Five tips for getting to sleep quick smart

Registered Nurse and Mindfulness Expert at Bupa UK
09 December 2015
Man unable to sleep

Can’t sleep? Fear not – with some small changes to your evening routine, you could soon be falling asleep faster and sleeping better.

It’s 11.30pm. You’re still awake, longing for that elusive moment when your eyelids start to feel heavy. But you keep watching the minutes tick over; your body is not succumbing. You become more annoyed and more awake as you urge yourself to fall asleep, to no avail.

If this sounds familiar, these five tips could help you fall asleep faster and get a better night’s sleep.

1. Have a warm relaxing bath

Sleep research suggests that body temperature may play an important role in helping you sleep. Just before you fall asleep, your body temperature drops slightly. This helps your body to save energy while you sleep, but it may also help you fall asleep.

Having a shower or bath just before you go to bed can help to raise and then lower your body temperature, mimicking this process. And it’s a good excuse to enjoy a warm, relaxing bath at the end of a long day!

2. Banish technology from the bedroom

Melatonin is a hormone produced in your brain in response to light levels. It helps to regulate your sleep patterns. At night when it’s dark, your body produces high levels of melatonin which help to tell your body that it’s time to sleep. In the morning when the Sun starts to rise, your body produces less melatonin. This prompts you to wake up.

Try to limit your exposure to light before you go to bed. This means not watching TV or using computers, tablets and mobile phones. The blue light from the screens reduces the amount of melatonin the brain creates, making it harder for you to fall asleep.

Once you’re awake, have a ‘natural espresso’ by going outdoors into the sunlight. This limits the amount of melatonin your brain produces, helping you to wake up. But don’t forget to be sun smart!

3. Avoid the urge to nap or sleep in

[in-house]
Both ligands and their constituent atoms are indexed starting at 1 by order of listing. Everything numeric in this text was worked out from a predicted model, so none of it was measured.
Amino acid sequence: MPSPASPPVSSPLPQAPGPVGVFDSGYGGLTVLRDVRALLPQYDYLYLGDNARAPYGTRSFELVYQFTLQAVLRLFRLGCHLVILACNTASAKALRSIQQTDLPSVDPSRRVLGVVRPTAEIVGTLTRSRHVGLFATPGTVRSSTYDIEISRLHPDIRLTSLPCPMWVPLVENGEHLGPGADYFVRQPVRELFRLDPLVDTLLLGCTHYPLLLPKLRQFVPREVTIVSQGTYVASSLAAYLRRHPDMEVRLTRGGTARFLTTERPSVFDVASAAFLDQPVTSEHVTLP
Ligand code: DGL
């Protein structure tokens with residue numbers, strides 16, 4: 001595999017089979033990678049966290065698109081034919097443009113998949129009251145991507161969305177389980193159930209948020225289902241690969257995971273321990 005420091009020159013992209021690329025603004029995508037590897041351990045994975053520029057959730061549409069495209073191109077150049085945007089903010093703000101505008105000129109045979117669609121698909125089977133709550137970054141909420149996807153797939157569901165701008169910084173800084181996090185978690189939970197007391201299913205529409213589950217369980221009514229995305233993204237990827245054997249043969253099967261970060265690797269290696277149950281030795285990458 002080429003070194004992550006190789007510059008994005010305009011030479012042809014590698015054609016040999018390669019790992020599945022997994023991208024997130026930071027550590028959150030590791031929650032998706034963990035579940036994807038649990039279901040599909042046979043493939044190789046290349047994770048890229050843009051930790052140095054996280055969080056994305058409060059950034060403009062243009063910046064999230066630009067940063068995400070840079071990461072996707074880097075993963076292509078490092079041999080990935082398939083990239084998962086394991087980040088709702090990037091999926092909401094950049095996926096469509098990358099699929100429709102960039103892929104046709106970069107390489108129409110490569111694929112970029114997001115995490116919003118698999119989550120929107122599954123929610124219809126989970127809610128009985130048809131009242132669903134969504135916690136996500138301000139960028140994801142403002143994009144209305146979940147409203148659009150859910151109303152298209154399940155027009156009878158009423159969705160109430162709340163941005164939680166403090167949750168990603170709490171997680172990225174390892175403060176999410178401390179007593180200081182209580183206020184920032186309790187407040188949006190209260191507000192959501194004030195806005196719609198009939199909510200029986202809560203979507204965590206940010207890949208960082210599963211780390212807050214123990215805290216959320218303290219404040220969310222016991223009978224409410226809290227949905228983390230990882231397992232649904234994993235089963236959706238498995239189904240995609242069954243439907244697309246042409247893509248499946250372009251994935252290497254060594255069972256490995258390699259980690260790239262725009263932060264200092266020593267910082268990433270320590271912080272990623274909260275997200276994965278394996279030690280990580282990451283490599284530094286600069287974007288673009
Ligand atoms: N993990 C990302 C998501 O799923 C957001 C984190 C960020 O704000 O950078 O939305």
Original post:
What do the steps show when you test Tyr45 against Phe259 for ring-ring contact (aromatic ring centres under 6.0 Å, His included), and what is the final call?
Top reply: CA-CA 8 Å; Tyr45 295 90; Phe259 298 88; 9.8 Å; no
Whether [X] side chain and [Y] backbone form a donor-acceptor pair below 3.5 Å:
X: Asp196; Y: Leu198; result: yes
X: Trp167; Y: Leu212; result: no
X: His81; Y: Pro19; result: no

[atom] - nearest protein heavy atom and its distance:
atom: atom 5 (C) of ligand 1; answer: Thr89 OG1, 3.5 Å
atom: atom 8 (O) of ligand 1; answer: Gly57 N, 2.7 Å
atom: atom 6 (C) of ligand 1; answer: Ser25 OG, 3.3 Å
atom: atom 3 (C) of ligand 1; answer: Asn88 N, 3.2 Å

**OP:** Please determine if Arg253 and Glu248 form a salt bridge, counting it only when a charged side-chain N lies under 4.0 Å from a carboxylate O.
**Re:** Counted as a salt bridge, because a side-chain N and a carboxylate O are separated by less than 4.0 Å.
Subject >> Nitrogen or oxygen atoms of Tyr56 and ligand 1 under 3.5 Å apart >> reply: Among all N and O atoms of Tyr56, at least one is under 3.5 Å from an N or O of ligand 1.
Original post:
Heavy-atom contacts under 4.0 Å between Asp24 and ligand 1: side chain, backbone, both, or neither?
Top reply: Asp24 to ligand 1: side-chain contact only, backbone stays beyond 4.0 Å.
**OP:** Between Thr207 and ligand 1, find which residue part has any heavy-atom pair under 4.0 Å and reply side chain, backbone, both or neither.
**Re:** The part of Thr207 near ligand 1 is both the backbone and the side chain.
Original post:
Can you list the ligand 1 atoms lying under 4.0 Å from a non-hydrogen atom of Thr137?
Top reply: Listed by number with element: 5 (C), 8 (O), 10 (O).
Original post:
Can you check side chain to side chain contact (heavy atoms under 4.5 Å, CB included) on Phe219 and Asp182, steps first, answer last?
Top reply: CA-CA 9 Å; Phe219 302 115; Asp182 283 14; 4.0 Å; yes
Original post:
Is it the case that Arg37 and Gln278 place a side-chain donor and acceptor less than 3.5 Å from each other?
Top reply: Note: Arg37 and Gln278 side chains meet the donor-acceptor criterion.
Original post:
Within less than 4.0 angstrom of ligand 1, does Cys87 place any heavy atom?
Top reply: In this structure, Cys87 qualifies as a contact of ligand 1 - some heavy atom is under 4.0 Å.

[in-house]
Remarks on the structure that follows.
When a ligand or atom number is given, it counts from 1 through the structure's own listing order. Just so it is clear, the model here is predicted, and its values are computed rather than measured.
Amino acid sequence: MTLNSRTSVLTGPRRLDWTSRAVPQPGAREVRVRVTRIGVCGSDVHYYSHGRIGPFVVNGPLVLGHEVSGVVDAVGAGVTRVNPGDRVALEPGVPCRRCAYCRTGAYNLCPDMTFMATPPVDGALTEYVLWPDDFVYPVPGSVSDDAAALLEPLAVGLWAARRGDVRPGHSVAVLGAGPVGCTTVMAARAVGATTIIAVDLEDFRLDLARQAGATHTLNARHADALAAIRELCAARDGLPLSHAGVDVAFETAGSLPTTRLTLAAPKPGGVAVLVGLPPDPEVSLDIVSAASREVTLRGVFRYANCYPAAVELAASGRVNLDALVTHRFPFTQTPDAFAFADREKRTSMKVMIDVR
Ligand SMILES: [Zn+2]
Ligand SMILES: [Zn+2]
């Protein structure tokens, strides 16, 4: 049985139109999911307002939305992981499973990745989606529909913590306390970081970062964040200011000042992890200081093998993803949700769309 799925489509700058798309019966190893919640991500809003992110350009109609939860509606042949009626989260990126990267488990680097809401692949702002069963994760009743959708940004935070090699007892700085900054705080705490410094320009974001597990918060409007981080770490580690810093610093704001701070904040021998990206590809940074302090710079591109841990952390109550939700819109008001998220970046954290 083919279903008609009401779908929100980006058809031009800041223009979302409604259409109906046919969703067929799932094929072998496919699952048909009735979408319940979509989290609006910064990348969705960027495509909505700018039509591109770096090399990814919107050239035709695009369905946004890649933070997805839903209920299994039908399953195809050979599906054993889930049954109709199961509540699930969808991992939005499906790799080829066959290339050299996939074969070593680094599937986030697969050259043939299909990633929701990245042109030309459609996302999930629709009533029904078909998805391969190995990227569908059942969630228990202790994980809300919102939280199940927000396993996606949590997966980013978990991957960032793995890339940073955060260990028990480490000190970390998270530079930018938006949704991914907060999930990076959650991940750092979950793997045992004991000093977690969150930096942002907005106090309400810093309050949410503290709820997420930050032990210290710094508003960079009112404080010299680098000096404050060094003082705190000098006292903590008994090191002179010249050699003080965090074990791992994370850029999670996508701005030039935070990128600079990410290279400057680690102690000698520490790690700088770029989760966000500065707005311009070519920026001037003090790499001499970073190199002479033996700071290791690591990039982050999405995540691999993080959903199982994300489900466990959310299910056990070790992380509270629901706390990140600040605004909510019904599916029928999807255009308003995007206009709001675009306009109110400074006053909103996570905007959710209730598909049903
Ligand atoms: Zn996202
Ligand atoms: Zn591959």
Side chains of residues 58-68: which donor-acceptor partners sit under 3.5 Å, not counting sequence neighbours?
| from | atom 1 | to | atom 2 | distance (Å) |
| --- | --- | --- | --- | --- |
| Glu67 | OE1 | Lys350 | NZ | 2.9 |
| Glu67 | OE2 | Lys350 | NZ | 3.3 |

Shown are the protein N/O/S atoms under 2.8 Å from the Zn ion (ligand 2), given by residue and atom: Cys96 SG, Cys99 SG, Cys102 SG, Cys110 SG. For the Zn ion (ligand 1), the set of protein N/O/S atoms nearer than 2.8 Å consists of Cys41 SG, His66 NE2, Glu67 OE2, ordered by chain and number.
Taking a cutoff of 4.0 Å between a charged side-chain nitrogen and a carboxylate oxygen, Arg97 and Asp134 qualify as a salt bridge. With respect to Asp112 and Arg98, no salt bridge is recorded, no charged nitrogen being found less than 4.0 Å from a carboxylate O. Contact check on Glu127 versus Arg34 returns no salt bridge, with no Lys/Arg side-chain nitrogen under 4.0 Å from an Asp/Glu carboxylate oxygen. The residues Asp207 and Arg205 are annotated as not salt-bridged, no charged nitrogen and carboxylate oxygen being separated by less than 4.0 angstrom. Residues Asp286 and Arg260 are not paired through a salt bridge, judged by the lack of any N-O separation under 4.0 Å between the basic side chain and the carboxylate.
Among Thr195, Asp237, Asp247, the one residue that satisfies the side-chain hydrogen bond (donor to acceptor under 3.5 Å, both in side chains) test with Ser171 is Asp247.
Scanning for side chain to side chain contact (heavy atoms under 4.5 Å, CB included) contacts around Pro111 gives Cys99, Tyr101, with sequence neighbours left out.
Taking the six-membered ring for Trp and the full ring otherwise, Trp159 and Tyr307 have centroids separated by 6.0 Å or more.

Going to sleep at about the same time each night can help to set your internal ‘body clock’ (circadian rhythm). This will help you to create a regular sleep pattern.

Try not to lie in over the weekend, or have a nap during the day. This can disturb your sleep pattern making it harder for you to fall asleep at night.

4. Put down the coffee

Stimulants such as coffee, tea, alcohol and cigarettes can stimulate your brain and nervous system and keep you awake. So try not to have them just before you go to bed.

5. Practise mindful sleep

If you find yourself lying in bed at night worrying and unable to fall asleep, why not try to wind down mentally first? Calm your thoughts and prepare your mind for sleep. Listening to quiet music, reading a book or even practising relaxation techniques, such as deep breathing, can help.

It’s no secret that a good night’s slumber can help you feel fresh and energised. But sleep is also vital for healthy living. Scientists don’t know exactly why we need to sleep but research suggests it may help to keep your immune system strong. It may also promote growth and help enhance your memory – all the more reason to master the act of falling asleep!




Even healthy people become unwell sometimes. Health insurance can help you get prompt access to the treatment and support you need to help you get back on the road to recovery. Learn more with our useful guide to understanding health insurance.

Jane Bozier
Registered Nurse and Mindfulness Expert at Bupa UK

What would you like us to write about?

Submit

Health information

At Bupa we produce a wealth of free health information for you and your family. We believe that trustworthy information is essential in helping you make better decisions about your health and care.

ajax-loader